Guide to Part Time Stay At Home Careers for PT/OT/SLP with Children

jobs for parents part time jobs remote job May 20, 2022
Part Time/Contract Remote Careers for Physical Therapy, Occupational Therapy, or Speech Therapy Moms

Guide To Part Time/Contract Remote Careers for Physical Therapy, Occupational Therapy, or Speech Therapy Moms/Dads/Parents

As a soon to be physical therapist mom, I thought it’d be fun to make a list of some of my top ideas for:

  • Part time remote jobs for soon to be parents in PT, OT or SLP professions
  • Part time remote jobs for new parents in PT, OT or SLP professions
  • Part time remote jobs for current parents in PT, OT or SLP professions

All of these career routes were chosen because they require 1) very little extra education or no extra education, 2) they are simple transitions that still utilize our therapy degrees in some way, and 3) pay similar to our clinical salaries, and 4) they are remote or partially remote.

 

List of top part time remote jobs for PT/OT and SLP moms, dads, or parents:

Ergonomics:

Why do I love ergonomics for occupational therapists or assistants and physical therapists or assistants looking for a remote side hustle?

  • You have one of the strongest backgrounds in anatomy and physiology
  • You know how to quickly help reduce or prevent physical injury and pain
  • You are skilled educators on preventing injury and pain
  • You have a license and degree to back up your knowledge
  • You were essentially made for this position. You know how to help people prevent injury and pain, reduce their pain, and provide patient education.
  • If you think about it, you likely are already performing ergonomics….have you ever asked someone about their work history, work positioning and equipment and work duties? And have you ever recommended equipment or exercises due to work related injuries or pain? If yes, then you are already doing ergonomics!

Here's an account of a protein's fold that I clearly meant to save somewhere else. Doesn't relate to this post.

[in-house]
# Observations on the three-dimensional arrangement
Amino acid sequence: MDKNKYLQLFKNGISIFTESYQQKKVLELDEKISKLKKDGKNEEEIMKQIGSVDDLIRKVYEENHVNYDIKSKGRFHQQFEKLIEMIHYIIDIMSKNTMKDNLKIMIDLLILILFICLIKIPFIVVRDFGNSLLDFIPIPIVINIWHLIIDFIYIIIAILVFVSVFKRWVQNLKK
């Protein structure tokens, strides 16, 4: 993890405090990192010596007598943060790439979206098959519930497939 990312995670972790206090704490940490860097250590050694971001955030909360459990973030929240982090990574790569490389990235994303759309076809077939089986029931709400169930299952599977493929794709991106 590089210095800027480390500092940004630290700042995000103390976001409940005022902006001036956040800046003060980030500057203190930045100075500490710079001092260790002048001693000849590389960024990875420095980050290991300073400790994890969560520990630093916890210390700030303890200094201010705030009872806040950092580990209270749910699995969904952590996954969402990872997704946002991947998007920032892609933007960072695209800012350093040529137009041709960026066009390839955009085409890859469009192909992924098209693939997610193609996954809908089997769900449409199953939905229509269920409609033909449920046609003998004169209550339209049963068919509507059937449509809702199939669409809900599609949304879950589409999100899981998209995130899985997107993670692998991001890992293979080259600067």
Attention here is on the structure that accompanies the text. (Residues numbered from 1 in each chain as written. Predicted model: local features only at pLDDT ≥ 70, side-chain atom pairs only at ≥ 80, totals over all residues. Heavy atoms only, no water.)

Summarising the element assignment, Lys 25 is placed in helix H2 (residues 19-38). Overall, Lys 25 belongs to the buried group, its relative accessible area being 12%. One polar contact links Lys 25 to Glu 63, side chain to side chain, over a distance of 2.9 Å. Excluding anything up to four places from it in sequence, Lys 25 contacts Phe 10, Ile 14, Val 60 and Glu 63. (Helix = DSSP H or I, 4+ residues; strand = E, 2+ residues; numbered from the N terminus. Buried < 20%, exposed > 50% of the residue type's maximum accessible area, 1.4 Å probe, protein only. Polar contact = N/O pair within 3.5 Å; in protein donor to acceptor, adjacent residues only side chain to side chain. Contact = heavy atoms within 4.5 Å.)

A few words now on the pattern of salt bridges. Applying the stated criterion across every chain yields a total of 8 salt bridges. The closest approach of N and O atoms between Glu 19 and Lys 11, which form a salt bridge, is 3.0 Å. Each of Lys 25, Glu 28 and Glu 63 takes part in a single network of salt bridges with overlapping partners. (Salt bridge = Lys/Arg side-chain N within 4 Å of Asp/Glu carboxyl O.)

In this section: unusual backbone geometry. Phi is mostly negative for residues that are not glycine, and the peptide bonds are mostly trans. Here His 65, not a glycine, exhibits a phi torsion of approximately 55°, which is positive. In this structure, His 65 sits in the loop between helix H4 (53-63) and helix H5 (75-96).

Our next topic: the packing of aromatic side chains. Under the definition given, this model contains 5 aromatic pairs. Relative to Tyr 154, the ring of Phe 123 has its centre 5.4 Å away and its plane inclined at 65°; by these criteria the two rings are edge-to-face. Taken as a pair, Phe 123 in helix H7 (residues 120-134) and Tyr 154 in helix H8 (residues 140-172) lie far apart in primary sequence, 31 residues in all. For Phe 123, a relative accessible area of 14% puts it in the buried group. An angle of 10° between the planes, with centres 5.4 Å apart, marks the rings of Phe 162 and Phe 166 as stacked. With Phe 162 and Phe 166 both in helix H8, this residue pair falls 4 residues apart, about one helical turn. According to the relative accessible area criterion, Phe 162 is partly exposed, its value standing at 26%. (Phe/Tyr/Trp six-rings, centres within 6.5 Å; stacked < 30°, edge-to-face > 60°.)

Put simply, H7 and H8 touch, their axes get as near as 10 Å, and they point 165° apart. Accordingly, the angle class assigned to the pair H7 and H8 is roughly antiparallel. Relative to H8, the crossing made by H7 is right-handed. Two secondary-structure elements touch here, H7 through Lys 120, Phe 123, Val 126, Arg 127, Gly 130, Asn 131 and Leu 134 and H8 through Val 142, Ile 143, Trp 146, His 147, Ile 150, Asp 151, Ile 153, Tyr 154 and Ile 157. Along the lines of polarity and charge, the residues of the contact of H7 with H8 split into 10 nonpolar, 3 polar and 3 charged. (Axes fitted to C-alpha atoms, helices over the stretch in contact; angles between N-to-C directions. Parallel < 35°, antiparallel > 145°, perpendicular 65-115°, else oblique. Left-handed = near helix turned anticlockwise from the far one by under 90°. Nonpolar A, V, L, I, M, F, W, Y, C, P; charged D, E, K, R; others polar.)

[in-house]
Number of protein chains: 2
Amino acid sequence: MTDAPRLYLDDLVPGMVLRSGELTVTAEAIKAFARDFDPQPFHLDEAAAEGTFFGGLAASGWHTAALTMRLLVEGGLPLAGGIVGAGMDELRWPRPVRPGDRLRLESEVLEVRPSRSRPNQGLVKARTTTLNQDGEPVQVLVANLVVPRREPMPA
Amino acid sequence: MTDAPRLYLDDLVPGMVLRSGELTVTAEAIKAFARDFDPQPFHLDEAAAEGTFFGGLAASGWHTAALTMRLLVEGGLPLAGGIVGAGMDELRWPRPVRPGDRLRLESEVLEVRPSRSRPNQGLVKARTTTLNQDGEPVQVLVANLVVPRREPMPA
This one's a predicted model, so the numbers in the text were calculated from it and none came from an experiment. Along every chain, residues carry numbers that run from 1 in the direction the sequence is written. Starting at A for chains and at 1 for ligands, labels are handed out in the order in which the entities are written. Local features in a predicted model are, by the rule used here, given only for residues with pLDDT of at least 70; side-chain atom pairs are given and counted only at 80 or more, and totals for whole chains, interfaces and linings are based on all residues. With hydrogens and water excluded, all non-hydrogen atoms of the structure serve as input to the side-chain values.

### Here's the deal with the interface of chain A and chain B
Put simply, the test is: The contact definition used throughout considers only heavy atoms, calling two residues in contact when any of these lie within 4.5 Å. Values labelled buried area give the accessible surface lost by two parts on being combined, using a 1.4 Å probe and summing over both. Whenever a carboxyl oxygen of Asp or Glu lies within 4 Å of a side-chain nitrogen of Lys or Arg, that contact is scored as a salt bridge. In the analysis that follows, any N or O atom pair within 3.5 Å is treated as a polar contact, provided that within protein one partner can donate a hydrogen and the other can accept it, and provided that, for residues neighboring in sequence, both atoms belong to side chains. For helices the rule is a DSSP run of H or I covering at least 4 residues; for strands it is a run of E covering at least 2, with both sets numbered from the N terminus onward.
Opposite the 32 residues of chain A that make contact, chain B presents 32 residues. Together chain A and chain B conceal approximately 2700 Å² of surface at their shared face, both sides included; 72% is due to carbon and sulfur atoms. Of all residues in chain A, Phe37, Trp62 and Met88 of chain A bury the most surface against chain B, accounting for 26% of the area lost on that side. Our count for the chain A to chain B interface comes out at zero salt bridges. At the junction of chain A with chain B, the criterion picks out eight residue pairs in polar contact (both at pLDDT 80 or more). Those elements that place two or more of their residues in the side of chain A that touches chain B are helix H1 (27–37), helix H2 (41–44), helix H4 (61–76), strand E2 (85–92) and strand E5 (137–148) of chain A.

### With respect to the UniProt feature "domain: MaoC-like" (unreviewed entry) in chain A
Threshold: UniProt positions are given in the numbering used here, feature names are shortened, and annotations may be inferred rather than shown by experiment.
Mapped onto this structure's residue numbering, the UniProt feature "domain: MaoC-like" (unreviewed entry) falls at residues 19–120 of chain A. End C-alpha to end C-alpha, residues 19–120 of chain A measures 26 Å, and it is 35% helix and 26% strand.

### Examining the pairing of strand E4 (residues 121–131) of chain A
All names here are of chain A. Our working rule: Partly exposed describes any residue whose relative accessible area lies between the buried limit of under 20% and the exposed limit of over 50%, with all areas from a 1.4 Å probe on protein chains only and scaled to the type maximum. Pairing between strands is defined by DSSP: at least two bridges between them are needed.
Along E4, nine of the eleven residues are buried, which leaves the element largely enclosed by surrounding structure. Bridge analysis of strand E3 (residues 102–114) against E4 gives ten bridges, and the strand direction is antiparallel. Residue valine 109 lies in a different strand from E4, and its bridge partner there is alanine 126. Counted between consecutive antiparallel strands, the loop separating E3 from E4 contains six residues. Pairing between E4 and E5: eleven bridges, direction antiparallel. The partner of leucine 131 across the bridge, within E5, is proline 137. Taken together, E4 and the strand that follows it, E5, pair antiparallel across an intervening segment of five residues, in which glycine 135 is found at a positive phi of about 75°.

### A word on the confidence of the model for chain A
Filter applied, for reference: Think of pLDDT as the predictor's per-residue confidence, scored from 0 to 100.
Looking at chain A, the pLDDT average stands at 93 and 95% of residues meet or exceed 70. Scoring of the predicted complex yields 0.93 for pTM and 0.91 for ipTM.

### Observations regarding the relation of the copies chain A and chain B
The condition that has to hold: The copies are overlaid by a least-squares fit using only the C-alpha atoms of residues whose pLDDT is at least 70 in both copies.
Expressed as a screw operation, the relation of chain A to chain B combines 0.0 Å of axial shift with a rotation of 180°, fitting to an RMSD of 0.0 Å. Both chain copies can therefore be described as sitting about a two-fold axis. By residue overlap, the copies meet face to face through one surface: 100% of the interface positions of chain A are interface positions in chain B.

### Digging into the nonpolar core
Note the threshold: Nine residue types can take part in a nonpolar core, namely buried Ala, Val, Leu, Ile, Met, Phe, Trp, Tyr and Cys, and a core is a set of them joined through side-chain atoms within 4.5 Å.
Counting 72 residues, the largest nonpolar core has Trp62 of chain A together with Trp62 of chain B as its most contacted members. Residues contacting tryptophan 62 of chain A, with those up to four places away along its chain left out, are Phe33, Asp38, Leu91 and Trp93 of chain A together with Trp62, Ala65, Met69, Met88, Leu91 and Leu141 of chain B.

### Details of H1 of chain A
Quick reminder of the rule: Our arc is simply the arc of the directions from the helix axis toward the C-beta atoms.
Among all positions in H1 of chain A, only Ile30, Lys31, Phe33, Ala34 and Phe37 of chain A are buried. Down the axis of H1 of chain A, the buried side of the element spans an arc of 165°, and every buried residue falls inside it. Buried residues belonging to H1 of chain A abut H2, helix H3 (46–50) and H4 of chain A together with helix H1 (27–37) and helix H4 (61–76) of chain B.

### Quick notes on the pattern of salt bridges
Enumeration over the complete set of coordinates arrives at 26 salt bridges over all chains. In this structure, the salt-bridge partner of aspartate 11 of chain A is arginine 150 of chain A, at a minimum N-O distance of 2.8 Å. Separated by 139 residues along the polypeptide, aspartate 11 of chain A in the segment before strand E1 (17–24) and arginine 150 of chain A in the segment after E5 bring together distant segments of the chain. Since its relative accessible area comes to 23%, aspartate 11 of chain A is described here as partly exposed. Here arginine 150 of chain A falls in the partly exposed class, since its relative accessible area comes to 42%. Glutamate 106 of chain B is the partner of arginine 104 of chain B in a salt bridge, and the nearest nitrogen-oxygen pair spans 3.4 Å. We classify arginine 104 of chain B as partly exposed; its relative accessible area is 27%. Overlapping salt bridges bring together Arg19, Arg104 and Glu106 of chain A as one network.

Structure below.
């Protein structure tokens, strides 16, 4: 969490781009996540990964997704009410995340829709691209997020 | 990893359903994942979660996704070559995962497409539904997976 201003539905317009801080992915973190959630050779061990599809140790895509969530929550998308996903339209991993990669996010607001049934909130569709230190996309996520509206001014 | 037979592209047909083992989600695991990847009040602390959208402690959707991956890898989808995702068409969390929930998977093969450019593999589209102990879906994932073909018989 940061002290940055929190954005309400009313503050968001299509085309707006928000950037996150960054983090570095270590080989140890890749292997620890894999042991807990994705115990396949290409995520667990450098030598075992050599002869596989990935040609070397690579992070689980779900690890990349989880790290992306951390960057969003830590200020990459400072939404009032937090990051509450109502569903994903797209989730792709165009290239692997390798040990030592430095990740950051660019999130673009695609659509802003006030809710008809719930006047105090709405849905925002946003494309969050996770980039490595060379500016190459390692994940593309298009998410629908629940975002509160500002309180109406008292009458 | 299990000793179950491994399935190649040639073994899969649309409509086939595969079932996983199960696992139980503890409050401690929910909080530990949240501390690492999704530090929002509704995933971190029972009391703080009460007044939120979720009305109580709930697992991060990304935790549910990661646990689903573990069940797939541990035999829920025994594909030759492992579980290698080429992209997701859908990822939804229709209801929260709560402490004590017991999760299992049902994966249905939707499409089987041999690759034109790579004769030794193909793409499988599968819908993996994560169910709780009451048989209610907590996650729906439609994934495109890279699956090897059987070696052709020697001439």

Top pros of ergonomic positions:

  • It pays similar to your clinical salary
  • It has very little physical labor
  • It often does not involve insurance (woohoo, no more headaches! Well, much less at least!)
  • Your care is about prevention. Which we all know we wish we could do as PTs!
  • No or little extra education required
  • Top cons of ergonomic positions:
  • Part time and contracting REMOTE ergonomic jobs are not as common as IN PERSON ergonomic positions
  • It can be confusing to not write like a therapist/assistant, you have to use a certain language in ergonomics

 

What does a day in the life of a ergonomist look like?
So first, your day may depend on where you work. There are essentially 2 different settings – industrial and office. Office based positions often are with companies like Intel or more computer based companies. Industrial based positions are with companies that make paper, cars, print, tools – more assembly line type of companies.


But your day may entail:

  • Providing individual or group education on hydration, preventing low back pain, preventing upper back pain, preventing neck pain, or preventing carpal tunnel
  • Providing assessments of individual work stations
  • Providing assessments of assembly lines or how workers lift materials into cars or other labor intensive duties
  • Providing health coaching and basic exercises to address individuals pain or prevention of pain
  • Paperwork to document the above activities

 

What do Occupational Therapists and Assistants need to transition into ergonomics?
The awesome thing is that unlike some new career tracks, you need nothing or at most a certification!

While you may not need a certification, here are several certifications out there:

  • Board Certification in Professional Ergonomics (BCPE) : This is the toughest certification and is a national board certification. In the U.S you do not need this, but in some places like Canada, this is required. This certification takes years to complete and costs several thousands of dollars.